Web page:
Tin Verification: 4 Things to Do If You Lost or Forgot TIN Number

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At some point, you need to provide your TIN (taxpayer identification number) when entering a transaction. Instances such as paying tax, applying for a business permit or a bank account, or even signing up for an account in a stockbroker platform likely require a TIN verification.
If you already have your TIN, but you forgot this or lost the BIR document, how do you retrieve this number without going to a nearby BIR office?

tin verification for lost tin numbers
Revenue District Office in the Philippines

One of the easiest ways to do so is to visit Google and search for relevant keywords or directly go to bir.gov.ph website. However, if you cannot find the TIN verification retrieval function, then that’s because, as of writing, there’s no such facility available.
Despair not, however, as there are other ways to recover your BIR taxpayer identification number.
Before you think of applying for another TIN account, it is a criminal offense to possess multiple TINs and is punishable by law. So instead of filing for another TIN, follow the following options below:
There are at least three different ways to retrieve and recover your lost or forgotten TIN.

Call the BIR hotline.

Dial the Bureau of Internal Revenue trunklines at 981 7000 and 929 7676. For callers outside of Metro Manila, add the area code 02, so it becomes 02 981-7000. For callers outside the Philippines, dial using the Philippine country code +63 2 981-7000. The line might be busy as you may be competing with other people trying to retrieve their lost TINs or asking other tax-related questions. Be straight to the point and polite to the answering party in this confidential conversation.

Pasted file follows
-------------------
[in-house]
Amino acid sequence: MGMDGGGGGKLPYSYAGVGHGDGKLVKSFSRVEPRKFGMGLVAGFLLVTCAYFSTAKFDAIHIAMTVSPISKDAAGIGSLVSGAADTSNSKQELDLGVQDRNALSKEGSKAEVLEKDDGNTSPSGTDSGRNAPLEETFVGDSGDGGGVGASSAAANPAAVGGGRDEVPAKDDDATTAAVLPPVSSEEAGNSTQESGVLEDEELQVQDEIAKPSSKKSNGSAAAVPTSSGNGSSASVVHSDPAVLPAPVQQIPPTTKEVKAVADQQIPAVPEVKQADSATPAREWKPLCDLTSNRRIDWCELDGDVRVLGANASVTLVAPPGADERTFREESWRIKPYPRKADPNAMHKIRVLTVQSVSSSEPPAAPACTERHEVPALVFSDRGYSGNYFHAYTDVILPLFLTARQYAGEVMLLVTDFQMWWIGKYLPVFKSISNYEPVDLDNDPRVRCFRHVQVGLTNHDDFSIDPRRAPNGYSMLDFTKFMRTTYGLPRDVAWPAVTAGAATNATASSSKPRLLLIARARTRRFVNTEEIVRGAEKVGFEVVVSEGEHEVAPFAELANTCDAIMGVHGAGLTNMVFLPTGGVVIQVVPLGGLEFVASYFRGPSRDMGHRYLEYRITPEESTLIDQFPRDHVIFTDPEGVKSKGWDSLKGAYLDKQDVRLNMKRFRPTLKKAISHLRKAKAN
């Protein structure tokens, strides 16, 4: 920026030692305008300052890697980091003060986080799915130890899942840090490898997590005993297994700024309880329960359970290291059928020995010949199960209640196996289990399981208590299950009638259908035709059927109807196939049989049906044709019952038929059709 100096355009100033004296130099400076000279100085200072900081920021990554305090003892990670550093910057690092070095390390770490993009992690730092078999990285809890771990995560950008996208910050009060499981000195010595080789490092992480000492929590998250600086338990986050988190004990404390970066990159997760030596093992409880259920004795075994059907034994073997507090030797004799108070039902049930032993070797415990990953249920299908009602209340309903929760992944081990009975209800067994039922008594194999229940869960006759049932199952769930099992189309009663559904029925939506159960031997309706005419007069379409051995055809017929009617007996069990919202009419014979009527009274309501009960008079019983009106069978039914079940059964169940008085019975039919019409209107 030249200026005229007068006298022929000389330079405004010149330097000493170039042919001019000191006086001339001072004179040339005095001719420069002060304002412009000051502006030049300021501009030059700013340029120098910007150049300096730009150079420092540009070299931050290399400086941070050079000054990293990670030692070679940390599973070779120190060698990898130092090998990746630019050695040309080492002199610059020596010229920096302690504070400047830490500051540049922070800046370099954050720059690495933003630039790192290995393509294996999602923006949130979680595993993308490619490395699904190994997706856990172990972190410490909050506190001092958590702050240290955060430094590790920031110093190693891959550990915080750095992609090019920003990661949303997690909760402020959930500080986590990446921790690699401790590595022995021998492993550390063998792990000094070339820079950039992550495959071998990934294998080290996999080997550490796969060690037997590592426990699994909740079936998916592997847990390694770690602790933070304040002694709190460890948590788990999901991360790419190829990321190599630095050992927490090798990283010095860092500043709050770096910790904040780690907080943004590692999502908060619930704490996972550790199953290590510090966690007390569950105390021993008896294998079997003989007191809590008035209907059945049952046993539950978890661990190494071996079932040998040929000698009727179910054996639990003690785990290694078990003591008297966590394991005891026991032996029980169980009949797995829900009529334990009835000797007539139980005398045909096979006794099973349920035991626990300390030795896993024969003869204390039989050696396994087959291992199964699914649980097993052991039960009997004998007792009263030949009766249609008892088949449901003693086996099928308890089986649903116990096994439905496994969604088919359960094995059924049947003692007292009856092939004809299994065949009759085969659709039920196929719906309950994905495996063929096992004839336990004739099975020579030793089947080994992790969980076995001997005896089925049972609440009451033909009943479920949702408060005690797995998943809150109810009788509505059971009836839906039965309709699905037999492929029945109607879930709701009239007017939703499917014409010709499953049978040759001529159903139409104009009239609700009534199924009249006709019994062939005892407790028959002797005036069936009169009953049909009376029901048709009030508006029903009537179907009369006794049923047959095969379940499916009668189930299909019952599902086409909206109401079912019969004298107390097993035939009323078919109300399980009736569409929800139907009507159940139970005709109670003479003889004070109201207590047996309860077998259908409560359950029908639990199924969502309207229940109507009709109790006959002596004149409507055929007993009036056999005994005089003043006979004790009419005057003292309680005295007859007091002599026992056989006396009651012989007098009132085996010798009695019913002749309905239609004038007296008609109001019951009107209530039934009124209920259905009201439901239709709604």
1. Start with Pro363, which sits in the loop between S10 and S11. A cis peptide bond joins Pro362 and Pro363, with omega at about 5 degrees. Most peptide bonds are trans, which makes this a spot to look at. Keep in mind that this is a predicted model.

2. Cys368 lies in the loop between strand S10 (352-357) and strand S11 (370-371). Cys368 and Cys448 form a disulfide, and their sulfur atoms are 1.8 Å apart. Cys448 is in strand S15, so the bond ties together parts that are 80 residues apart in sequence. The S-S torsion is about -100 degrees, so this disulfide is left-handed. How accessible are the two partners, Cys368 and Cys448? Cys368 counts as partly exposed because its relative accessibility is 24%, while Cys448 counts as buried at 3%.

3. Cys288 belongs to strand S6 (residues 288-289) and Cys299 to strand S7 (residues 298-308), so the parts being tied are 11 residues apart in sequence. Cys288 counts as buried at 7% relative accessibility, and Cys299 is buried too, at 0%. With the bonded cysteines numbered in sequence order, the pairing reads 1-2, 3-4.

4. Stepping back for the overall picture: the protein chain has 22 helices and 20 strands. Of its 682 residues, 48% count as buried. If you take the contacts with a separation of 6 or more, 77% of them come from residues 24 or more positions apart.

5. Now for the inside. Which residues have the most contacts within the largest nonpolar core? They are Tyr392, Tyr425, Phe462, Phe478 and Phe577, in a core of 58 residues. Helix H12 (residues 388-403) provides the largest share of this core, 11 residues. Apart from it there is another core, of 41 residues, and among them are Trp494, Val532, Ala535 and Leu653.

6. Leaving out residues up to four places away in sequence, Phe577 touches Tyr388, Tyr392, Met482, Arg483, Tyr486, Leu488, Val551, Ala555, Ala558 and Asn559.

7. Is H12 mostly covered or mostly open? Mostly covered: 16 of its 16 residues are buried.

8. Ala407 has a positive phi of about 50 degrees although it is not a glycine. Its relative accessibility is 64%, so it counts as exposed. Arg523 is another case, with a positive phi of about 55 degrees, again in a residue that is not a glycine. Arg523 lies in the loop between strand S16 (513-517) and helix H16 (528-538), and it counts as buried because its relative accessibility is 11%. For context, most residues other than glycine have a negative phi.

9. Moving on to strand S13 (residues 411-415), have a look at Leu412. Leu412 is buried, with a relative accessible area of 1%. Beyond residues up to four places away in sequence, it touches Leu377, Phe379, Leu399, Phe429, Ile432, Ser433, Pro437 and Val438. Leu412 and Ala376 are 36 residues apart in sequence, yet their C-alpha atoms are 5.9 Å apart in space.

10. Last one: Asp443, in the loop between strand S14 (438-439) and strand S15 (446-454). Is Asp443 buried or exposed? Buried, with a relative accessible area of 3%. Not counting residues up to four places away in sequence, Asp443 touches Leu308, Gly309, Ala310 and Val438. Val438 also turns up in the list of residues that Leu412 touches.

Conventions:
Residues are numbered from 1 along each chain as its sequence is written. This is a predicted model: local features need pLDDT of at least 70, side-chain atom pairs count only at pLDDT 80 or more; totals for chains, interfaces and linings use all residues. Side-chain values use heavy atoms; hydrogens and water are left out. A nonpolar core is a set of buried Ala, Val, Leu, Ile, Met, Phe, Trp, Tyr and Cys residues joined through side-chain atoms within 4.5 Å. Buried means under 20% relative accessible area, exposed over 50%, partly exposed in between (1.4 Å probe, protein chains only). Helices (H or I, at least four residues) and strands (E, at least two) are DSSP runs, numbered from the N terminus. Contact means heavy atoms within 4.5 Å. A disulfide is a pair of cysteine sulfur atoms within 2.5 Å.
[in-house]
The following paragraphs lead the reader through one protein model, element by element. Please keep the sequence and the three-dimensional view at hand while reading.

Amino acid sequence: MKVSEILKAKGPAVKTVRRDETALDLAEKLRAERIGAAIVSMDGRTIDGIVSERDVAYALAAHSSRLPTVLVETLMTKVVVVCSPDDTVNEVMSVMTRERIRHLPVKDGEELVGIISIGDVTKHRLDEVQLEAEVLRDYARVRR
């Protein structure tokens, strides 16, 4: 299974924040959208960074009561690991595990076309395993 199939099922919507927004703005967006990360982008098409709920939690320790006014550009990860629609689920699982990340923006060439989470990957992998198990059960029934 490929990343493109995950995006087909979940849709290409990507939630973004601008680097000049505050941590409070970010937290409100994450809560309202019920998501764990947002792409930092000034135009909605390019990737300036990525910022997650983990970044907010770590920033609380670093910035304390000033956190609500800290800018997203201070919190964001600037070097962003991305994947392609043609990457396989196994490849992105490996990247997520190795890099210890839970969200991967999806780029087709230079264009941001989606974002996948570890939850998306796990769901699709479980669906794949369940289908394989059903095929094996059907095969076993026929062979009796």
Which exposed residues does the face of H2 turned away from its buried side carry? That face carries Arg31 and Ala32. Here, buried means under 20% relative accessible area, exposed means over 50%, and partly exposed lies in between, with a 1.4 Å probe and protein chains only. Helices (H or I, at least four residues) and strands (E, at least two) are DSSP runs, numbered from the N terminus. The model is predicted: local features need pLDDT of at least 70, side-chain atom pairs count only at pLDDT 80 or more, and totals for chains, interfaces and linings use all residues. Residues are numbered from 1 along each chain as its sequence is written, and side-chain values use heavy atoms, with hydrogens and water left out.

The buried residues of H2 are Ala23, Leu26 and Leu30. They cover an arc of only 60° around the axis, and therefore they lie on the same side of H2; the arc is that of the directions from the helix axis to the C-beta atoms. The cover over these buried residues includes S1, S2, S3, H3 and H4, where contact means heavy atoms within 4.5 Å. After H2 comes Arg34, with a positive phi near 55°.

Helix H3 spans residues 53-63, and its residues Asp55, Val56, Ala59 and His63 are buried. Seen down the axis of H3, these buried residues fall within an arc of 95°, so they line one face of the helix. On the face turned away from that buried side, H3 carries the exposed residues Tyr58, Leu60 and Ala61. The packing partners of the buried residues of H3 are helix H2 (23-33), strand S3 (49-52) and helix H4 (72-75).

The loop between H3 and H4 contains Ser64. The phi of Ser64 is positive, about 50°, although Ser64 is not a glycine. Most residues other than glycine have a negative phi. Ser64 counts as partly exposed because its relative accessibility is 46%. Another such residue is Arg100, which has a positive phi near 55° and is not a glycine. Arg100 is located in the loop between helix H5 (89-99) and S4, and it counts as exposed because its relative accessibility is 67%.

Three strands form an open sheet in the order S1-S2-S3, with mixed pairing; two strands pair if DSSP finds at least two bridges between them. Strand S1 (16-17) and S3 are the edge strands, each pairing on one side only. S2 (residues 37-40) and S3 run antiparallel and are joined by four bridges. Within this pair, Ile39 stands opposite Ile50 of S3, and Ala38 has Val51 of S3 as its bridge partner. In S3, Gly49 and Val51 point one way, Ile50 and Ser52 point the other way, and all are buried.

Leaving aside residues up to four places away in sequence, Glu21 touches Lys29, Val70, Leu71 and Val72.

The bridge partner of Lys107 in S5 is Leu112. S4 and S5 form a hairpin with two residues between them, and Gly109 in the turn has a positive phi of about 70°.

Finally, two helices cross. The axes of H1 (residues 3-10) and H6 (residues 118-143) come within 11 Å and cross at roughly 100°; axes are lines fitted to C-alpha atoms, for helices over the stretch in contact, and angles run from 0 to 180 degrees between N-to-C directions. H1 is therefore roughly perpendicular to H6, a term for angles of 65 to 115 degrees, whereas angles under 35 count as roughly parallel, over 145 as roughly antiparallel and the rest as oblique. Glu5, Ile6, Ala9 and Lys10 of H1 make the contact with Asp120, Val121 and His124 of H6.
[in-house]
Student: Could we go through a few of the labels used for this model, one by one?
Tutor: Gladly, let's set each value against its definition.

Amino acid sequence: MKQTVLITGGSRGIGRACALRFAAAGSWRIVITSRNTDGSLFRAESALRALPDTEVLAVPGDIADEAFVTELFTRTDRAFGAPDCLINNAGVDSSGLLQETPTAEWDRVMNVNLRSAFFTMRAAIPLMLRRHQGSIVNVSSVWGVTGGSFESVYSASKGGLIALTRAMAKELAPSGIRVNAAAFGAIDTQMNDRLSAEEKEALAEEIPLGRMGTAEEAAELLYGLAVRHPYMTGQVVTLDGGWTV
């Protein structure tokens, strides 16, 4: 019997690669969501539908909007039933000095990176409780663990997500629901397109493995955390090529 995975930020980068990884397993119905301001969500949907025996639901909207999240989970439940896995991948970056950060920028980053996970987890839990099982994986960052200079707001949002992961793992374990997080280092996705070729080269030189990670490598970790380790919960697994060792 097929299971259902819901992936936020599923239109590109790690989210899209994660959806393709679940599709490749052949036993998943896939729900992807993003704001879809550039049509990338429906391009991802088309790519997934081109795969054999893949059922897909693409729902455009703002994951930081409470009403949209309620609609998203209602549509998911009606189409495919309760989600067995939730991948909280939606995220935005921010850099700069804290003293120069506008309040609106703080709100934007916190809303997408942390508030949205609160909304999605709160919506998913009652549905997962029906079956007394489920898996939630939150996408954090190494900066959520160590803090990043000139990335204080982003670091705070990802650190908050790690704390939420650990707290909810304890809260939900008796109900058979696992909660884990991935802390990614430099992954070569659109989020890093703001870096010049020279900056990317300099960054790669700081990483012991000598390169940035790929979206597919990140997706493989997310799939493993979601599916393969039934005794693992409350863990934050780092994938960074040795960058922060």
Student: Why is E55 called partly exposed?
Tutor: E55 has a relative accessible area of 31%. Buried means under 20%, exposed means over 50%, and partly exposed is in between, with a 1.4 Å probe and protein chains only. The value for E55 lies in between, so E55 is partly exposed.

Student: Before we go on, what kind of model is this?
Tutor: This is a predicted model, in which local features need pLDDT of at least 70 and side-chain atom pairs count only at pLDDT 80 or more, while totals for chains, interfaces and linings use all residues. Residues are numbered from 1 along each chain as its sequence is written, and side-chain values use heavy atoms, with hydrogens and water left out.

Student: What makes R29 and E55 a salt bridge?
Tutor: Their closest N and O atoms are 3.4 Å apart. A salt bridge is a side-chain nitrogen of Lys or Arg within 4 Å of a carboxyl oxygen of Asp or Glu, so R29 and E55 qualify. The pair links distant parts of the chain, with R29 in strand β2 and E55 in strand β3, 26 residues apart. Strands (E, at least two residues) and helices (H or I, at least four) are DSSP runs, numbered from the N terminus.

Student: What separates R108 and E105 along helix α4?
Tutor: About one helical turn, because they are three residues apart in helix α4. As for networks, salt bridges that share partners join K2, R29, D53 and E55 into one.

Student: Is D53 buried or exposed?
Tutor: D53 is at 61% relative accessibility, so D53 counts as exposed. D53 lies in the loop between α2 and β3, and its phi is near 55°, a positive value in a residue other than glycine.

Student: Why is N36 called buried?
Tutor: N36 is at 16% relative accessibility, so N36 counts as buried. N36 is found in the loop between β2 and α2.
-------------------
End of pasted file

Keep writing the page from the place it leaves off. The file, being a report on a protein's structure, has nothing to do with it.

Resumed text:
If you reach an interactive voice response system, select the corresponding number to Verify TIN. Before calling, prepare the following: complete name, date of birth, and registered address to verify your TIN.

Visit your BIR Regional Office.

(Find BIR locations here). If your area is close to the regional office of BIR, you can pay a visit to for TIN verification. Go to the customer service or taxpayers’ general services booth to make your inquiry. Before going there, bring a valid ID: government-issued documents like passport, driver’s license, etc. You may be asked to submit an affidavit of loss for the lost TIN Card and the original TIN card for the damaged card, so having them handy helps a lot.
Likewise, it won’t hurt to bring supporting documents like marriage contracts (for tax-related topics related to joint business or income tax for you and your spouse.
Once you’re in the office, you can get the BIR form 1905 if you need to update personal information (address, contact details, etc.).

Ask a friend.

Someone might know somebody who had experience in losing their TIN and how they came about TIN verification.

Visit the BIR website.

This is the fourth option for a reason: There’s no existing TIN retrieval system in place. The demand for this service is high, so we are hoping this will be in place soon.

For a country with growing Internet penetration, providing government services online (just like TIN verification for taxpayers) is a win-win situation for both the government and its citizens. It saves everyone time and makes facilities more efficient, as manpower assigned to this task can augment shortages in other tax-related roles.
After all, helping taxpayers facilitate their accounts is part of making it easier for them to settle tax obligations to the government. Soon as we learn, this new system is in place, and this article will be updated accordingly.

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